It seems as though the real tech battle of the next couple years is going to be a Goliath vs. Goliath story. Google and Apple have always had a strained relationship. Apple has allowed many of Google's applications to make their way to the App Store, often becoming defining iPhone apps and even challenging the built in iPhone feautres. The battle over Google Voice had been a hard fought one where Apple used its patented form of market exclusion to fight it, but with the rabid support of consumers and the FCC Google came out victorious. This may have seemed fine when the iPhone was the undisputed ruler of the expanding smart phone empire. It looks as though the coup may be initiated, and it will be by a competing super power.
The Android has not been the most famous of the smart phone brethren, but is held its own. Instead of a steady increase in the Google powered Droid models there has been a shoot upward, an increase that a new study has now shown that the number of new smart phones uers that are going after a model is shifting very dramatically in the favor of Google's baby.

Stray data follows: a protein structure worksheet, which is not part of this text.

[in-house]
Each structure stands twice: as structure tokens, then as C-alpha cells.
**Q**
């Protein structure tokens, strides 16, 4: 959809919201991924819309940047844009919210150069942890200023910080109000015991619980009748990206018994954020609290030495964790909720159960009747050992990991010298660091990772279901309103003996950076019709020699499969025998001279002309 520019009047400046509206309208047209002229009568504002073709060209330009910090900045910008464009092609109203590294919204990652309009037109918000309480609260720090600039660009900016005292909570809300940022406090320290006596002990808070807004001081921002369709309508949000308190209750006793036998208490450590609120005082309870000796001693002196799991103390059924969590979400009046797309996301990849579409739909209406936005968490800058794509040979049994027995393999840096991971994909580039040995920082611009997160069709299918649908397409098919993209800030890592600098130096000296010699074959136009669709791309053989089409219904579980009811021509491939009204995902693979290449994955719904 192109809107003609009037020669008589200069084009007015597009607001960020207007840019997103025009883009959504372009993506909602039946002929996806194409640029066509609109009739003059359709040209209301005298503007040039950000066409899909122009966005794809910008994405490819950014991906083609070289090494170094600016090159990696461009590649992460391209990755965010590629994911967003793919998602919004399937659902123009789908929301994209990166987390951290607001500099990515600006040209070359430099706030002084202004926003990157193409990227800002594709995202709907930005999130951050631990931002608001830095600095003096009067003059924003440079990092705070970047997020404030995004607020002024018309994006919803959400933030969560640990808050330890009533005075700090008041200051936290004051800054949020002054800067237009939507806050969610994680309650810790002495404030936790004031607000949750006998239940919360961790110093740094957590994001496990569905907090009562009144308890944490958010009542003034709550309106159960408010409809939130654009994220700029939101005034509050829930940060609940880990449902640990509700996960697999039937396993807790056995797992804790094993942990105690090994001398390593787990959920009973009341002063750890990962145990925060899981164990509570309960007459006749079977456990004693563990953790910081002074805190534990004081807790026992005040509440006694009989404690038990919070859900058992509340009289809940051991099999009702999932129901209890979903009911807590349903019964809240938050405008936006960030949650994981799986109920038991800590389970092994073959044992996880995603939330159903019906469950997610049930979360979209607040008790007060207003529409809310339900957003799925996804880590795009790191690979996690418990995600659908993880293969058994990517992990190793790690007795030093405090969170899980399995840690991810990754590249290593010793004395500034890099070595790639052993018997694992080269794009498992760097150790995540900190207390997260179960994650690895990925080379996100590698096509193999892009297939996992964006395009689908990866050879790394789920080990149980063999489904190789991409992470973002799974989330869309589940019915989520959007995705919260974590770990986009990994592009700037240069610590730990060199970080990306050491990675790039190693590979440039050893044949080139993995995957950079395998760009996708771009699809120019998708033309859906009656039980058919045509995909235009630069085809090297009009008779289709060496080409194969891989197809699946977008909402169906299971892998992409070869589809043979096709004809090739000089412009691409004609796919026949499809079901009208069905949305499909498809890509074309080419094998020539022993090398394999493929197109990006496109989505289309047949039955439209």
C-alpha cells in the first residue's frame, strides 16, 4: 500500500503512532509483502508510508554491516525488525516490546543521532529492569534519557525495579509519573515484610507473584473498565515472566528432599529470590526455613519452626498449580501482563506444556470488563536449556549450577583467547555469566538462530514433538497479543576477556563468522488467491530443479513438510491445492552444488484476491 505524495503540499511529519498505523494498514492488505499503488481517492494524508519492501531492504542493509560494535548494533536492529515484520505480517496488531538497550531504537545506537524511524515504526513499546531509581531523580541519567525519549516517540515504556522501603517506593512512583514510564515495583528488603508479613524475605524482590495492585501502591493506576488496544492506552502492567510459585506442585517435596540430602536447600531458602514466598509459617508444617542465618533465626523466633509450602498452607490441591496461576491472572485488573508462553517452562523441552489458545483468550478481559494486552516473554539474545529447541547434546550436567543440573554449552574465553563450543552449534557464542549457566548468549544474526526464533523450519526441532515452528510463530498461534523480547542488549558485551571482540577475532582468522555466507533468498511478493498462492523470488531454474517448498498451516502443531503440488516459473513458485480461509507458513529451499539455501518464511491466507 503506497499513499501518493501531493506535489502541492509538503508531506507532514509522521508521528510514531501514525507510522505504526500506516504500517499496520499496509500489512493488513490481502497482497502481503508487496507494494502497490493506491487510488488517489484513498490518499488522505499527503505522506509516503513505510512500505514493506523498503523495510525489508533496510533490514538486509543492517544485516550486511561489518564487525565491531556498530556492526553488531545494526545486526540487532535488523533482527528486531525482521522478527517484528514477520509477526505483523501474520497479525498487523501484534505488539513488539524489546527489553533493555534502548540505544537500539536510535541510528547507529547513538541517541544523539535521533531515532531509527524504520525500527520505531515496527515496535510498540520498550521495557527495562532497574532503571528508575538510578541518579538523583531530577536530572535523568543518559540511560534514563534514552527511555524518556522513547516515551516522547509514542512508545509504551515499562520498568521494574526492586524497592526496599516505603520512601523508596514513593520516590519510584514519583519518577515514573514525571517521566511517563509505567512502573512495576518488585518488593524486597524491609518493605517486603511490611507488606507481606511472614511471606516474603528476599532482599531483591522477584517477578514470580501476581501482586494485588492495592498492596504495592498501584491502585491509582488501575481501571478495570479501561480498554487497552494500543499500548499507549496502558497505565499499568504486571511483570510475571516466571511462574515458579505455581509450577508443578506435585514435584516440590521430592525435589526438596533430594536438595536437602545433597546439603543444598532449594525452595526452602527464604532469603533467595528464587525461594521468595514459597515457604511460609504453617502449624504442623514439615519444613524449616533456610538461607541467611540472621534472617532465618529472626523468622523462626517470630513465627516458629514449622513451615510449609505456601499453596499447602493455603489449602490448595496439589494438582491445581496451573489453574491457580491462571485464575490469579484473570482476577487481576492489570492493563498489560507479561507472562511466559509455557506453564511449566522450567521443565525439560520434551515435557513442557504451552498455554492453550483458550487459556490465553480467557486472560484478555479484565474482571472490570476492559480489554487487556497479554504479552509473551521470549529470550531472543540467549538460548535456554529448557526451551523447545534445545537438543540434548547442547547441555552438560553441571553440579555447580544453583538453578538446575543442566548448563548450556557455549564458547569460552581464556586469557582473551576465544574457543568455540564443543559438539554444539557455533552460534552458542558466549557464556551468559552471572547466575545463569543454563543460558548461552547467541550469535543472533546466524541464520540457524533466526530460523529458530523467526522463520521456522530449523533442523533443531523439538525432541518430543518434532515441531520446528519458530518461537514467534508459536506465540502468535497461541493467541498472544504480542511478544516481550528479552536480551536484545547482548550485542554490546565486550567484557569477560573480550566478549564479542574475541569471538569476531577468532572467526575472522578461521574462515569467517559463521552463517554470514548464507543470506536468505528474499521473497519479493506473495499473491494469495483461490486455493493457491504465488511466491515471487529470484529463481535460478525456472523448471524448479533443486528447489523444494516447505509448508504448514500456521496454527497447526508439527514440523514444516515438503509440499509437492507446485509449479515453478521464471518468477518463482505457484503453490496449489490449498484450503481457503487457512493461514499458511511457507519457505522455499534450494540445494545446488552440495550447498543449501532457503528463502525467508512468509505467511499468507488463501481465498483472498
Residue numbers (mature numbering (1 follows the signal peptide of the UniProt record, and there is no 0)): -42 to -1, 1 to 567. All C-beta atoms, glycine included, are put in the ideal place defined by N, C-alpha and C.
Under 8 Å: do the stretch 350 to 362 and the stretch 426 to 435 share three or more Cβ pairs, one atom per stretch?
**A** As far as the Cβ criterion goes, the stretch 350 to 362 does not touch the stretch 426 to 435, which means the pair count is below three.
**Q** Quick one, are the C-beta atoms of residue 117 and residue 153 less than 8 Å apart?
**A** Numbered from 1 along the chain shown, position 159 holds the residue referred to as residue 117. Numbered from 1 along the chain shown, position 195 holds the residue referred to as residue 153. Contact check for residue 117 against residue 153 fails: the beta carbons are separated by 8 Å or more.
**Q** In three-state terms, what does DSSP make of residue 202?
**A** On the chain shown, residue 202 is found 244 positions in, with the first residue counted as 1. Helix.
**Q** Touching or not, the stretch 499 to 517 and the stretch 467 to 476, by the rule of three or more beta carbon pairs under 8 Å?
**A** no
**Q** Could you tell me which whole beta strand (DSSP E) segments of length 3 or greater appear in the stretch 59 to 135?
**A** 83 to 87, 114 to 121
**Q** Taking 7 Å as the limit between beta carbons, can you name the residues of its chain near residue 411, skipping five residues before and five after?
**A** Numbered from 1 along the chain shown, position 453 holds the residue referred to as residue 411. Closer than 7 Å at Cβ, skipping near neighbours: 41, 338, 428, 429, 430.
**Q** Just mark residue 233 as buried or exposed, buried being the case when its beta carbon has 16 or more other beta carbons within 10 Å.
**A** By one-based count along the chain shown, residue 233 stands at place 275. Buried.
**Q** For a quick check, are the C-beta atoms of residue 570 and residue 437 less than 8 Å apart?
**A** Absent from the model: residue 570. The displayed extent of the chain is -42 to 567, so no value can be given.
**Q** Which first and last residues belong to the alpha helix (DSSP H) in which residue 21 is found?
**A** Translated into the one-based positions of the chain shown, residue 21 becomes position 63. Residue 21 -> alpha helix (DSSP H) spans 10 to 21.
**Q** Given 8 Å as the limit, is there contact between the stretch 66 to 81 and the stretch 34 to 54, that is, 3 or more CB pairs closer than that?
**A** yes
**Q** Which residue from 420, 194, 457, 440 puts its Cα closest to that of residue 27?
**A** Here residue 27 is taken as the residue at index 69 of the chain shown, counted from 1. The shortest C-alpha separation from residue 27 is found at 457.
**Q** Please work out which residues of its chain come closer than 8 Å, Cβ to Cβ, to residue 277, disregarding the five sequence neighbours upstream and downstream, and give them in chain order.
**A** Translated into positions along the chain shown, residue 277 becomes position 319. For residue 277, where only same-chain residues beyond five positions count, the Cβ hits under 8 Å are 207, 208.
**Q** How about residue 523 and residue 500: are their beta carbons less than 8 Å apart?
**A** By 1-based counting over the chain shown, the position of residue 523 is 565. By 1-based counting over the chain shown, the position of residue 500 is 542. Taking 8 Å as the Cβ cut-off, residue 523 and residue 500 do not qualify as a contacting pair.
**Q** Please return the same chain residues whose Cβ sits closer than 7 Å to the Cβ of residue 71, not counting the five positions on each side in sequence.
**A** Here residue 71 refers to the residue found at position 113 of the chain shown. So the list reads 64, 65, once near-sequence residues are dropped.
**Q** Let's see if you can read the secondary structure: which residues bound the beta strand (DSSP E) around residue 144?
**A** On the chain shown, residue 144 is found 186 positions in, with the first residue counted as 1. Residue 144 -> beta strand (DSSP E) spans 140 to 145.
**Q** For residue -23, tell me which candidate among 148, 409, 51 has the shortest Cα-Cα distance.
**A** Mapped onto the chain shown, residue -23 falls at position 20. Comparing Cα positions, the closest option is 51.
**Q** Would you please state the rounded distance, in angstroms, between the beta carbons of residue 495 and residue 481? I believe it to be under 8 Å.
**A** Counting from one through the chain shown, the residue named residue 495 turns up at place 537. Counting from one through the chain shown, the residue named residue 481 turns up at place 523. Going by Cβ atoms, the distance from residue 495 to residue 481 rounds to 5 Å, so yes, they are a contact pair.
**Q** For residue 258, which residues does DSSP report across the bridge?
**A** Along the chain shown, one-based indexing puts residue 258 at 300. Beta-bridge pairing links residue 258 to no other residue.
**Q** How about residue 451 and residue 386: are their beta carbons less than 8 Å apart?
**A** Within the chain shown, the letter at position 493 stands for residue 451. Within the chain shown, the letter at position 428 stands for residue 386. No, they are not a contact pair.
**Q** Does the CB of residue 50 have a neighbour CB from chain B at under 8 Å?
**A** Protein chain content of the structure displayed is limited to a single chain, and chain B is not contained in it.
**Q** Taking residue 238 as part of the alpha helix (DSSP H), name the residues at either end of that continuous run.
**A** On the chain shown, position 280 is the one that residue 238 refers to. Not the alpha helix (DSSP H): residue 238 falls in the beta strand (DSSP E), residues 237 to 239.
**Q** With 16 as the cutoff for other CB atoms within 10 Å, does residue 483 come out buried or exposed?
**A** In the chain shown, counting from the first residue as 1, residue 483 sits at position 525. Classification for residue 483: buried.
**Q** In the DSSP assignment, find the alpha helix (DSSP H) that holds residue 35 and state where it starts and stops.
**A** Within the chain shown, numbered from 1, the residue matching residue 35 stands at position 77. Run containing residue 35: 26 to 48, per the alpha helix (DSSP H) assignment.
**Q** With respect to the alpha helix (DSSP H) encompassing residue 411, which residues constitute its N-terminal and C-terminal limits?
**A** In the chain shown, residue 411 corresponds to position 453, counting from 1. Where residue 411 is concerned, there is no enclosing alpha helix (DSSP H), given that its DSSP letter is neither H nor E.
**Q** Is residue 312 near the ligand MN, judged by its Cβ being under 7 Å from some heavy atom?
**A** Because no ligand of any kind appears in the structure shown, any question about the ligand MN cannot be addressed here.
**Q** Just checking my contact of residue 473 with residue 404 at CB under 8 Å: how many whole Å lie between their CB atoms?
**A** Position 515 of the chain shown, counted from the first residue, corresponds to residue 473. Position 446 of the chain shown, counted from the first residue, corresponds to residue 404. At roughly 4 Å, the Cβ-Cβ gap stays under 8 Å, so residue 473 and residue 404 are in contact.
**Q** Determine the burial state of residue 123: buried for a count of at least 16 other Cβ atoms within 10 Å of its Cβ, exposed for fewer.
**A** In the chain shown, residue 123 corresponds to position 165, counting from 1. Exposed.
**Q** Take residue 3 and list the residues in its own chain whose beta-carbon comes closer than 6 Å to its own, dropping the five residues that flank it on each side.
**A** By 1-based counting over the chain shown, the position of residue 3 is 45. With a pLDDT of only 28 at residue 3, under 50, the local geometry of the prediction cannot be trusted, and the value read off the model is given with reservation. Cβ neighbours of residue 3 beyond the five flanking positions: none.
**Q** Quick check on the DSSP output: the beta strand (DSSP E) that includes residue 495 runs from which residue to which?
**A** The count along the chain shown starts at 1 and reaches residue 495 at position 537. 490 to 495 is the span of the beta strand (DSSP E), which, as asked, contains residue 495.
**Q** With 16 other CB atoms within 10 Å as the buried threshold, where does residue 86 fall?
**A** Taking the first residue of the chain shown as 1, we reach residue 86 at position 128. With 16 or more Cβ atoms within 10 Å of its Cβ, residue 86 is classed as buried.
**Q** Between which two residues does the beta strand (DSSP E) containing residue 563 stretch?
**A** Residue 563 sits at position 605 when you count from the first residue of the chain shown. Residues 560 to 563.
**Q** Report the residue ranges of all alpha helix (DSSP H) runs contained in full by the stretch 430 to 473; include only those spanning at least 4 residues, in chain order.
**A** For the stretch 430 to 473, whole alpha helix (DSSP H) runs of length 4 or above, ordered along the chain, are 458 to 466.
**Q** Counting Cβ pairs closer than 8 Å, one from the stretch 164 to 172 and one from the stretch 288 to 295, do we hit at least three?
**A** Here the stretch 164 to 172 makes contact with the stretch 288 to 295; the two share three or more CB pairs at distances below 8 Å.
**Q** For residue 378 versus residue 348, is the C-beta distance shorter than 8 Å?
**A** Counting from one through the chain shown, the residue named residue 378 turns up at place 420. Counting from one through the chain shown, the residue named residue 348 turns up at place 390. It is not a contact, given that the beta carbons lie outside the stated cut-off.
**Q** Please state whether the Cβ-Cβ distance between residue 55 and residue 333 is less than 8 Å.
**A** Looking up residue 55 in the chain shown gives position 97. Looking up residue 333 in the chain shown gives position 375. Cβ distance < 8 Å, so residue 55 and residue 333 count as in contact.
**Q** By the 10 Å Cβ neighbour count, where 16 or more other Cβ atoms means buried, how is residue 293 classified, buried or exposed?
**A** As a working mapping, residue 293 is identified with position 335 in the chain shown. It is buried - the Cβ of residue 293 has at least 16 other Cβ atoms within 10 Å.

ChangeWaves as performed a study that looked at the purchasing habits of smart phone consumers in the coming 90 days. This September survey was then matched with the results of a similar survey conducted by ChangeWaves in June. The results of ChangeWaves poll states that a solid 37 percent of those looking for a new smart phone are going after the Android, and this is a full seven point higher than in June. The iPhone still dominates at 38 percent, but this is down from the dominant 50 percent of ChangeWaves' June study. This shows a dramatic shift in how these products are being viewed and should be a major predictor for Apple as to what they need to do.
It really is speculation to say exactly what is driving the numbers in the ChangeWaves poll, but it is easy to look at what is different between the devices. What stands out about the Droid is its openness, which is to say that the iPhone is famously not. This is not going to annihilate the iPhone altogether as it is clear that its history of success, the shear size of its App Store, and the legacy of the iPod and similar functions is going to be enough to build on for several generations of phones to come. This is not a game of which device is superior, but instead what the average phone consumer wants when they are buying expensive smart phones and signing two year contracts.